ATHAR JAMATH MAJITH Vs. T KRISHNASWAMI NAIDU
LAWS(MAD)-1953-9-4
HIGH COURT OF MADRAS
Decided on September 03,1953

ATHAR JAMATH MAJITH BY ITS PRESIDENT, MOHAMED JAMESHA Appellant
VERSUS
T.KRISHNASWAMI NAIDU Respondents

JUDGEMENT

Mack, J. - (1.) Appellant is the plaintiff, a Muslim Religious Society of Coimbatore represented by its President and Secretary. The suit, which the learned Subordinate Judge of Coimbatore dismissed with costs, was laid for the specific performance of a contract, Ex. A-1, dated 15-12-1946 against the first defendant by which he agreed to convey to the plaintiff the suit property for Rs. 7300. It is common ground that the Society paid the first defendant a sum of Rs. 1000 that day. The suit was filed on 16-10-1947. It was dismissed mainly on a finding that the suit agreement had been materially altered by the top and bottom portion of it, which contained a material recital on the reverse, being scissored off. This is said to have contained a recital which made time given for completion, which was 30 days, the essence of the contract.
(2.) The suit property, 49 cents in extent on which there was a rice mill and a residential house originally belonged to one Hussain Sahib, the late husband of Fatima Beebi the 4th defendant. Hussain Sahib became indebted to a local Nidhi who got a decree and brought the property to sale in execution in 1938. The fourth defendant, who was in residence in the house on the suit site desired to continue living there and approached the first defendant, who had a mortgage on the suit property and was a lessee of the lice mill on the site for about 20 years, for assistance. The first defendant bought the suit properly from the Nidhi under a sale deed Ex. B-6 dated 14-2-1940, the case of the fourth defendant being that there was an understanding that he would re-convey the property to her on payment of the sale price. The fourth defendant then in 1946 sold all her rights in the entire property on 1-5-1946 by a sale deed Ex. A-2 to the plaintiff-society. It appears that a small portion of this site had been used as a Muslim religious burial ground. It is in this back-ground that the plaintiff- society and the first defendant came to a settlement with the assistance of some mediators and Ex. A-1 was written in the shop of one Bava Sahib by his clerk Krishnaswami Iyengar (P. W. 3). Jamesha Rowther (P. W. 1) who was the President of the plaintiff-society, was present at the time. First defendant admitted his signature on Ex. A-1 which contains a clear agreement by him to sell the suit property as decided by mediators to the plaintiff- society. Ex. A-1 contains an acknowledgment of receipt by the first defendant of Rs. 1000 in cash, and an undertaking to execute a deed of cancellation of the sale in his favour within a period of one month and to receive the balance of consideration of Rs. 6300 in the presence of the Registrar.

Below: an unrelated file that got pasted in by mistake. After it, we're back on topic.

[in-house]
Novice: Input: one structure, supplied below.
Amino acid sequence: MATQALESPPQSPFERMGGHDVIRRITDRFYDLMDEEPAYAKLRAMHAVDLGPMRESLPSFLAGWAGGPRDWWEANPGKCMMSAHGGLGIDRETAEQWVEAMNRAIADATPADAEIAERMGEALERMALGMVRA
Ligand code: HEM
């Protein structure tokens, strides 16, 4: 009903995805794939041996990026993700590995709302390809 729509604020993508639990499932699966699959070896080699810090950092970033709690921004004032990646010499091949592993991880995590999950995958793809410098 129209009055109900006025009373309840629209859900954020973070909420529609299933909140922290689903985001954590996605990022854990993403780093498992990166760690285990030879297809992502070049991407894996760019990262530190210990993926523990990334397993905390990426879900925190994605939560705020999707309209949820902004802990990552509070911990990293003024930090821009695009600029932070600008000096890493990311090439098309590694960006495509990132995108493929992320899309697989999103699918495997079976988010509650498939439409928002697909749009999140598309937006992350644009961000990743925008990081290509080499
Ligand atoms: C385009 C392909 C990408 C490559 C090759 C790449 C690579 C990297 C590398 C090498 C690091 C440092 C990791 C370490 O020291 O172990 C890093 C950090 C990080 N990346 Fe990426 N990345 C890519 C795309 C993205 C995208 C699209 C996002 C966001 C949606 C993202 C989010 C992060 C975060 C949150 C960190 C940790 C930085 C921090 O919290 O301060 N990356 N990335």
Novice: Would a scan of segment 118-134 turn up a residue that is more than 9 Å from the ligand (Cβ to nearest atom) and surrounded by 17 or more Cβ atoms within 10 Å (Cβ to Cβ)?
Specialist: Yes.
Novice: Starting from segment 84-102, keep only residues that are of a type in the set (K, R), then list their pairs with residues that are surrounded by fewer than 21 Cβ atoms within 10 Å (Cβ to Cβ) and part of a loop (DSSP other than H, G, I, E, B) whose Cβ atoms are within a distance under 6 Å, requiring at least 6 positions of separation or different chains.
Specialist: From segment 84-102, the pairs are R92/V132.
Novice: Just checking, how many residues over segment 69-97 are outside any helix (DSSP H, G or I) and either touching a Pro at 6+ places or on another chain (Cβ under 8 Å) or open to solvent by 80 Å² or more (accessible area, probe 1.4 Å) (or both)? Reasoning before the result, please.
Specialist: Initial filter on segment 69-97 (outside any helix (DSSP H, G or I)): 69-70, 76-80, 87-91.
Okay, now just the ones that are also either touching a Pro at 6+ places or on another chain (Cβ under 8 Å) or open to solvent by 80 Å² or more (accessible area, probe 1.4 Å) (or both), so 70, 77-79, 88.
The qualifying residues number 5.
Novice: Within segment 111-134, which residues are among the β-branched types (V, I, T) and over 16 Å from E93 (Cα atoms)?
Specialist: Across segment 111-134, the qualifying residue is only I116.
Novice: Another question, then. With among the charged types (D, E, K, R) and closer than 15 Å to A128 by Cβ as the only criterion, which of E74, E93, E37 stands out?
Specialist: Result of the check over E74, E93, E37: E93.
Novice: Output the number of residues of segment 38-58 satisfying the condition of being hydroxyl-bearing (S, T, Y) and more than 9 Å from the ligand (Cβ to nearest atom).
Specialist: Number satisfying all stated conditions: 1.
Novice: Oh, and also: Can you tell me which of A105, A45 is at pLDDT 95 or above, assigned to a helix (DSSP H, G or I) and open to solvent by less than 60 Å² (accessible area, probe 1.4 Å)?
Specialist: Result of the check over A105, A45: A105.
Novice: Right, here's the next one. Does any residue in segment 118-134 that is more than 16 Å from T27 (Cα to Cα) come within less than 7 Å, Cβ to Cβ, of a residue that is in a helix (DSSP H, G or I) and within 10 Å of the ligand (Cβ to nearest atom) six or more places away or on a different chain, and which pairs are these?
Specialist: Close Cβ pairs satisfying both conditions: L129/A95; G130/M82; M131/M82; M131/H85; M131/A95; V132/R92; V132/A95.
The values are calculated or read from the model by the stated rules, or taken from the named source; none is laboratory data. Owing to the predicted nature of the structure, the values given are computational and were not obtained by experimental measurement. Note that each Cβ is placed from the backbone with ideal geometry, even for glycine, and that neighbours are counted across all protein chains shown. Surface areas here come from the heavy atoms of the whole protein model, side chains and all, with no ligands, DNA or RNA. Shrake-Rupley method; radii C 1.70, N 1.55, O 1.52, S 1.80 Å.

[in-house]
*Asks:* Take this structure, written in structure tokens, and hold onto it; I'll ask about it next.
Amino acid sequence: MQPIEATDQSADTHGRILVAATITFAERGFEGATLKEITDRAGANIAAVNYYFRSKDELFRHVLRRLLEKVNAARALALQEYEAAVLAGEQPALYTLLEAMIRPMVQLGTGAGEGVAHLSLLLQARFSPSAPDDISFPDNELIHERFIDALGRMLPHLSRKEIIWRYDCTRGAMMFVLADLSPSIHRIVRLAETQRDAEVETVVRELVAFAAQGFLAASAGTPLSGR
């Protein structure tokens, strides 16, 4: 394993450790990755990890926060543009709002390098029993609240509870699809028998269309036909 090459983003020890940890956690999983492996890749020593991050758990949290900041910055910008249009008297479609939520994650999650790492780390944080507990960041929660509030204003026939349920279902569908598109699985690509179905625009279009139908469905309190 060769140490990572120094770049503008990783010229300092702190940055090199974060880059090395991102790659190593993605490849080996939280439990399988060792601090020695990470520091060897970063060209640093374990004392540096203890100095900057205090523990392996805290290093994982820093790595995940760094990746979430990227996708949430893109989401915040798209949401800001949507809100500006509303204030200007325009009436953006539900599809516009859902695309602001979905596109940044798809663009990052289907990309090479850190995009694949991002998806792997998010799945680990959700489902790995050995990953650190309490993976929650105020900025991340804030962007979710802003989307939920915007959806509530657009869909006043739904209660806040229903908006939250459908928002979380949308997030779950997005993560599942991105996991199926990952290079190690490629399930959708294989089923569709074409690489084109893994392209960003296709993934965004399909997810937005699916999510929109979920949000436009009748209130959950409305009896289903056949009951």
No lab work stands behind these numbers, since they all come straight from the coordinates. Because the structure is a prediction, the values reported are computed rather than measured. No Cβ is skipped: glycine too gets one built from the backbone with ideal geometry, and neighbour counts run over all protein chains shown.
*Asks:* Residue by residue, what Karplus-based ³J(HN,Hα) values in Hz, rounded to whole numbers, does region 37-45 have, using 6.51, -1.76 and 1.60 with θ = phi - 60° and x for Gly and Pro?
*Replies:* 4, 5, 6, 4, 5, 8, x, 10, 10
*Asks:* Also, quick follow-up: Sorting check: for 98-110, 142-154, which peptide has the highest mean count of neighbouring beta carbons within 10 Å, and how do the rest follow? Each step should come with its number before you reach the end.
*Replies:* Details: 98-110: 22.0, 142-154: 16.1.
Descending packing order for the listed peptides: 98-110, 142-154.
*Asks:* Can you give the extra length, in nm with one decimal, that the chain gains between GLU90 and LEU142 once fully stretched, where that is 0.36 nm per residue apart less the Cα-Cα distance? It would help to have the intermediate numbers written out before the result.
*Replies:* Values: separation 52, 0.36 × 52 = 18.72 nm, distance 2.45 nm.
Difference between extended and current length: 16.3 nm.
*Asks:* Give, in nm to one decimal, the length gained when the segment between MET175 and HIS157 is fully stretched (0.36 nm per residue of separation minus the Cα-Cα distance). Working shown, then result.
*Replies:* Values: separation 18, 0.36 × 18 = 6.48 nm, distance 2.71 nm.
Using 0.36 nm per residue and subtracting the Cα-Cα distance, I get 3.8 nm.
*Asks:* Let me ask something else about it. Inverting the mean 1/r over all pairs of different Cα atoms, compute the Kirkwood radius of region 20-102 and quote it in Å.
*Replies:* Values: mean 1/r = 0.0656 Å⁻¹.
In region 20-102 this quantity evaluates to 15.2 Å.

(3.) A registered letter Ex. A-3 was sent on behalf of the plaintiff-society signed by the President dated 10-1-1947 asking the first defendant to receive the money and to complete the transaction. This letter was not delivered, and was returned with the endorsement that the addressee was not known and no house number was given. Ex. A-3 was addressed to the first defendant, T. Krishnaswami Naidu, Town Street, Pappanaickenpalayam, Coimbatore. - A telegram evidenced by a receipt Ex. A-3(b) is said to have been sent by P. W. 1 to the first defendant on 13-1-1947, and another registered letter Ex. A-3(a) dated 17-1-1947 in an envelope which was still unopened at the time of the hearing of the appeal was also returned by the Post Office undelivered. In the suit itself summons could not be served on the first defendant in the ordinary way, and he only made an appearance after substituted service. Prima facie it would appear as though the first defendant was successfully evading the plaintiff and service of these registered letters. The learned Subordinate Judge in view of his finding that the suit agreement Ex. A. 1 was materially altered did not think it necessary to go into the question as to whether it was the first defendant who really defaulted in not complying with his obligations under the contract.;


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